By Alfonso Sanchez

The Wine Spectator issue of December 2014-January 2015, lists the Top 100 Best Values of 2104 defined as wines costing $20 or less and rated with 87 points or higher. Remember that wines rated 85 to 89 points are considered very good, those rated 90 to 95 are outstanding and above 95 are classic or exceptional. There are no wines rated above 92 points on the 100 Best Values list.

A quick inspection of the Top 100 Values shows a few remarkable features. The table below summarizes the representation of Top Values by region, by rating score group and by average price.

Region No. of wines 90 pts. or higher Avg. price 87-89 points Avg, price
California 19 2 19.00 17 16.00
Washington/Oregon 10 7 15.00 3 13.70
France 21 6 19.70 15 14.00
Italy 19 5 17.40 14 13.00
Spain-Portugal 11 8 15.40 3 13.00
Argentina-Chile 10 5 17.40 5 13.40
Australia -New Zealand 10 7 15.80 3 15.00

California, France and Italy represent 69 percent of the list. Nothing unlikely or surprising given the volume of production and the large numbers of wineries in these countries. However it is remarkable that a big proportion (7 out of 10) of the wines listed from Washington-Oregon, Spain- Portugal and Australia-NZ are rated 90 points or higher and priced at around $15, compared with $19 for California, $20 for France and $17 for Italy. I do not know whether this could be taken as indicative of the quality to price ratio for different regions but probably it is worthwhile paying close attention to the first three regions mentioned. Portugal in particular is coming up with excellent wines at very affordable prices.

It looks that all regions price their wines in the range of 87 to 89 points at about $13 with the exception of California and Australia-NZ that are 25 percent more expensive ($16). This again probably cannot be taken as representative of the pricing strategies in these regions but might indicate that where there are large markets for that level of quality (the sweet market point), producers can charge a bit more.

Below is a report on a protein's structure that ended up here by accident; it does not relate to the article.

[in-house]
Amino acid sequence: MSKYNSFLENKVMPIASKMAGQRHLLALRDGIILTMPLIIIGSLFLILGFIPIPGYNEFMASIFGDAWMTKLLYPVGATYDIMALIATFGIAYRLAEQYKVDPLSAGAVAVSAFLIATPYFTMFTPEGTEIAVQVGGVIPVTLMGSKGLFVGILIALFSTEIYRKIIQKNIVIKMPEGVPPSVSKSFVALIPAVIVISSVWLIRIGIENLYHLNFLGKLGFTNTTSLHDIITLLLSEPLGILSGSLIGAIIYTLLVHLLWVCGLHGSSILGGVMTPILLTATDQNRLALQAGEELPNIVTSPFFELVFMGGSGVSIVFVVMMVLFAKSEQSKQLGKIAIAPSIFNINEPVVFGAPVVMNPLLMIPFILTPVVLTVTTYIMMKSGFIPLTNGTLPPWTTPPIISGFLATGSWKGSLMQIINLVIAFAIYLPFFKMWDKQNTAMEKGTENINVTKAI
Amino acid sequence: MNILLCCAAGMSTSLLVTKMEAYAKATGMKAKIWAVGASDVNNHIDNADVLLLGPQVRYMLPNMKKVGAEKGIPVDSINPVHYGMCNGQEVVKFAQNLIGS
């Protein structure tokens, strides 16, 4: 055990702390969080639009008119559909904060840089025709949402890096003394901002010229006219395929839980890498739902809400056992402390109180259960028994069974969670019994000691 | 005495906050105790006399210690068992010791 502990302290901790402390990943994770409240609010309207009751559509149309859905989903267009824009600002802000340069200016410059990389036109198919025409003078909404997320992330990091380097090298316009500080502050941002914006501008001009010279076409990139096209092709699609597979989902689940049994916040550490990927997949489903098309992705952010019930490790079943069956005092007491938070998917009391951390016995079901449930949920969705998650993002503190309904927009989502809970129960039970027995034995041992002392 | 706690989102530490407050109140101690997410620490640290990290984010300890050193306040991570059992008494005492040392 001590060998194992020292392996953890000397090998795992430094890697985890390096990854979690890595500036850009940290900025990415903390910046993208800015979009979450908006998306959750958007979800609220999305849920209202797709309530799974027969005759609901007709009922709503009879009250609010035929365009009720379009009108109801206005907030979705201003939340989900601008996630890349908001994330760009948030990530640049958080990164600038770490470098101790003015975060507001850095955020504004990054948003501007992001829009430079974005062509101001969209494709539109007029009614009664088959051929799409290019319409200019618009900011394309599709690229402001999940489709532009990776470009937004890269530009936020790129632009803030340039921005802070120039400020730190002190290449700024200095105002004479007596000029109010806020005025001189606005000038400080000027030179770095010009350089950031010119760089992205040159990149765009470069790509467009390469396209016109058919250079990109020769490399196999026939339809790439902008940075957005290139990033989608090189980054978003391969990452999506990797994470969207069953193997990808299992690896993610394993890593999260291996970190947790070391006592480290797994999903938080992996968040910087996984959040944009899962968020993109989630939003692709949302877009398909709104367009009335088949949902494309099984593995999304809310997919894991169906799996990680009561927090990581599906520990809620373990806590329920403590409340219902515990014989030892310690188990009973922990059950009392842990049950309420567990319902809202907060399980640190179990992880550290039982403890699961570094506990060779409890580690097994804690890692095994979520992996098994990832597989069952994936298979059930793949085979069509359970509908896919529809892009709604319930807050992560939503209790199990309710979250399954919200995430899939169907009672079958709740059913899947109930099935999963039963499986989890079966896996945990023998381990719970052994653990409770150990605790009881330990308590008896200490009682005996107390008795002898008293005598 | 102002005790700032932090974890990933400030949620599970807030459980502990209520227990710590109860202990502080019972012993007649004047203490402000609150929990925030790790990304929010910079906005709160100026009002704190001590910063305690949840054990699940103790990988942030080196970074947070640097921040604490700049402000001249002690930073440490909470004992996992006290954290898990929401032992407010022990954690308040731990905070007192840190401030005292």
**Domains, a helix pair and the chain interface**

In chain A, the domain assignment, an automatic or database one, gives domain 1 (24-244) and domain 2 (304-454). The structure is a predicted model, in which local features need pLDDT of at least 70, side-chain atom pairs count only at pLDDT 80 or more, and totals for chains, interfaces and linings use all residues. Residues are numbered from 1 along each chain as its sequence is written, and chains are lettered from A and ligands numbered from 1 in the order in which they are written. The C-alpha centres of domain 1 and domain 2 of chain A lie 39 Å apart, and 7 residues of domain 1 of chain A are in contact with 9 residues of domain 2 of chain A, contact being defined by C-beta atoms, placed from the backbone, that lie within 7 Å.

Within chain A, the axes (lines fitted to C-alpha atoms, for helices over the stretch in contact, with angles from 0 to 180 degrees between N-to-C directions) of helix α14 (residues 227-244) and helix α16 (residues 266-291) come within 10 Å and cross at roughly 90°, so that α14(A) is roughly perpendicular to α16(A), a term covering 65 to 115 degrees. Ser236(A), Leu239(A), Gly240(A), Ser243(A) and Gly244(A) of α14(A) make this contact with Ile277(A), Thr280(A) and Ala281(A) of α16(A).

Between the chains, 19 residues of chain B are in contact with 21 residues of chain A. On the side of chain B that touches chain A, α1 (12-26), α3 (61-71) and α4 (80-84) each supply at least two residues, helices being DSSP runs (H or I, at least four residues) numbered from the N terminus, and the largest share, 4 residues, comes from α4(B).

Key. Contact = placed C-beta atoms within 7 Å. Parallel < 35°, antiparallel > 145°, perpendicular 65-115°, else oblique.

Another section of this WS issue lists the Top 100 Wines that includes the highest rated wines regardless of their price. There are some salient points here:

• The costlier wine on the list is the Ornellaia Bolgheri Superiore 2011 from Tuscany (no, it is not a Sangiovese but a Boudreaux-type blend) at $240, and ranked 65 on the list with 96 pts. The least expensive is the Bodegas Montecillo Rioja, Viña Cumbrero Crianza 2010, ranked 62 and priced at $10 with 90 points. The number one on the list is the Dow’s Vintage Port 2011 from Portugal with 99 points at $82.
• There are 33 Value wines (rated 90 points or higher and costing less than $20) on the top 100 list. However, not all the TOP 100 Value Wines (the first list discussed above) rated 90 or higher are on the Top 100 wines. Probably the rating criteria is somewhat different for both lists but the WS does not explain the discrepancy.
• Finally on the Top 100 Wines list there are 19 from Italy, and California each, followed by 14 from France. The new world (Americas, Australia, New Zealand and South Africa) is represented with 45 wines of which there are 4 from Argentina and 6 from Chile. This is drastic reduction from 2013 when the new world had 61 wines on the list. You draw your conclusions.

Overall it is nice to know that one can still drink pretty good wines at reasonable prices and that it is important to look at those regions that can offer the best quality-price ratios. The remaining problem is whether a 90 points cabernet from California is as good as a 90 points from France at about the same prices. And this is very subjective.

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